February 26, 2012; Melbourne, FL, USA; Washington Nationals starting pitcher Stephen Strasburg (37) during today's spring training workouts at Space Coast Stadium. Mandatory Credit: Brad Barr-US PRESSWIRE
In a mid-October conference call with the D.C. press corps, Washington Nationals' general manager Mike Rizzo told reporters that team hadn't yet decided "in concrete," as he put it, how many innings 23-year-old right-hander Stephen Strasburg would throw in 2012. "I have general parameters of what I think is something I would allow him to throw," the GM said, before explaining that he wasn't, "... going to disclose it to anybody because, obviously, there's strategy that's employed in it and we don't want people to know our business. But we have a good idea of the parameters of where we want [Strasburg] to throw, and we'll adhere to those parameters. Like I said, it's nothing in concrete because we want to see how he comes to Spring Training, how he feels and how he develops throughout the season."
Strasburg told ESPN's Tim Kurkjian last week when Baseball Tonight visited the Nationals' Spring Training home that he knew he'd have an innings limit and though he admitted, "I don't like to have the reins put on me," he said, "I know that they have my best interest in mind, but a lot can change, so I'm just going to go into the season ready to answer the bell every time they ask and I'm going to give it everything I've got until they take the ball out of my hands." When exactly the Nationals will take the ball out of Strasburg's hands they still aren't saying...
While ESPN.com's Mr. Kurkjian had mentioned a 160-inning limit in his conversation with the right-hander, when CBSSports.com's Danny Knobler spoke to the Nats' GM for an article published Tuesday entitled, "Strasburg's 2012 limits are to be determined", Rizzo told the CBSSports' reporter, "... that while people have assumed that Strasburg will be limited to 160 innings," since it's close to the 161.1 IP Jordan Zimmermann threw in 2011 in his first full-year back following Tommy John surgery in late 2009, "... the actual number won't be determined until later in the season."
Before Zimmermann's 26 starts and 161.1 IP in 2011, he threw 39.2 innings in the Nationals' system as he rehabbed in 2010, and threw 31.0 innings at the major league level providing more of a foundation in his recovery than Strasburg got this year when he threw 20.1 IP with the Nats' affiliates and 24.0 innings in the nation's capital and one start in Florida. The Nats' GM says in the CBSSports.com article that 69-year-old skipper Davey Johnson, a 15-year veteran on the bench in his second career after thirteen years as a major league infielder, will be in control of how Strasburg's used on a day-to-day basis.
Strasburg explained to the Washington Post's Adam Kilgore last week that he'd watched closely how his fellow right-hander Jordan Zimmermann had handled pitching on an inning-limit last year and, as he said, "'The one thing I learned from Jordan and what I’m going to try to incorporate is that I don’t expect myself and I don’t want to go out there and say, 'Oh, I know they’re going to take me out this inning because I’m only throwing this many innings this year,' Strasburg said. 'I’m going to go out until they take the ball out of my hand.'"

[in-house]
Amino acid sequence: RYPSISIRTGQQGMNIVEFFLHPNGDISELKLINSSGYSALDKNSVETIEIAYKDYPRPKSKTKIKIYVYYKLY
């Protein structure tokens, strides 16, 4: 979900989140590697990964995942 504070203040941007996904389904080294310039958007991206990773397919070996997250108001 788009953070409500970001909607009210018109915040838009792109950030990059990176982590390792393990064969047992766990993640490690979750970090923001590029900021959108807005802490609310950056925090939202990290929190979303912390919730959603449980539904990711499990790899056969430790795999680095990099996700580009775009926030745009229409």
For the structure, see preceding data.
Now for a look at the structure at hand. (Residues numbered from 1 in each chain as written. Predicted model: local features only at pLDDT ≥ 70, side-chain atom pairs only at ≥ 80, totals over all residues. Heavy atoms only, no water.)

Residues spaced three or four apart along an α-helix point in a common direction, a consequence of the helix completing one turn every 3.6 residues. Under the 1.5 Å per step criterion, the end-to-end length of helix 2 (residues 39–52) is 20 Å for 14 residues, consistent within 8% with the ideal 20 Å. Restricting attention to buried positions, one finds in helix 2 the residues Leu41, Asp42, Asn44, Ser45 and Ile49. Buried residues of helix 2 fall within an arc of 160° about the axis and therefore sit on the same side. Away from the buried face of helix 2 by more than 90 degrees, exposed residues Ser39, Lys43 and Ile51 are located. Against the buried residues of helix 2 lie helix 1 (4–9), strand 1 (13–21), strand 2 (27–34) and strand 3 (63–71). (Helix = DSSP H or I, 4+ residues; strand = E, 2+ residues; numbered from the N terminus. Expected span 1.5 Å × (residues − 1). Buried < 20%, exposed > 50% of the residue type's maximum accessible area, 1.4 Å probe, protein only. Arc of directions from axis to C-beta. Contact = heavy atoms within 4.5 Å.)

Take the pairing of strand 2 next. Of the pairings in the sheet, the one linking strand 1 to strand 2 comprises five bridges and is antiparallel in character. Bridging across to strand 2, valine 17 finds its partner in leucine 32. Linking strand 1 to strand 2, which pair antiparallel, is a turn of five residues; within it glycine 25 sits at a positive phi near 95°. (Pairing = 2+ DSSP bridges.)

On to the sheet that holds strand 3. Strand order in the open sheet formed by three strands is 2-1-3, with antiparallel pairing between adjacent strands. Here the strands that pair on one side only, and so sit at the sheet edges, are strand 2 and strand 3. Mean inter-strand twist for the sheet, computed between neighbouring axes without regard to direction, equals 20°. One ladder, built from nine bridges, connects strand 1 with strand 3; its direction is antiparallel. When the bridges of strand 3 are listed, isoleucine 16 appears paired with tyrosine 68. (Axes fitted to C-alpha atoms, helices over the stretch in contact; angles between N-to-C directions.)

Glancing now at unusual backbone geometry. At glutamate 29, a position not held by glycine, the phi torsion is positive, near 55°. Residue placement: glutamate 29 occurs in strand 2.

Johnson told reporters last summer that he'd dealt with players differently in the past and adapted to the way recovering pitchers are handled today. "Those decisions really were solely up to me when I had young pitchers. Not over-taxing them early and letting them go as long as I felt like they were not having a problem between starts." If there were issues, Johnson said, they would, "...kind of skip starts and try to get them to the end. But I've never had a doctor say X number of innings."
Though the Nats haven't told anyone how many innings Strasburg will throw, he will be limited, a fact that Davey Johnson accepts as he told reporters this winter. "I'm going with the medical experts," Johnson said, "Whatever they think is the best thing to do." ESPN.com's Tim Kurkjian found it hard to believe Strasburg would be shut down if the Nationals were in a race for a postseason berth, and CBSSports.com's Mr. Knobler too said that though the Nats were willing to shut Zimmermann down when he was done, "Of course, last year the Nationals were 22 1/2 games out of first place by that point," and, he wrote, "This year, they expect to be much closer to the top."
"'[Manager Davey Johnson] has absolutely no limits on how many innings or how many pitches [Strasburg can throw],'" the Nats' GM told the CBSSports.com reporter, "'Davey's going to use his expertise,'" and when the pitcher reaches his prescribed limit he'll be shut down. Johnson told reporters last week (as quoted in an AP/Yahoo! Sports article) that he'd expect Strasburg to throw 150-160 innings. As Rizzo told reporters in Florida last week there won't be any "tinkering" with Strasburg, no late start to the season, no skipping starts to try to extend the pitcher later into the season. "'We’re going to run him out there until his innings are done.'" How many innings exactly? Folks will keep asking until there's an answer...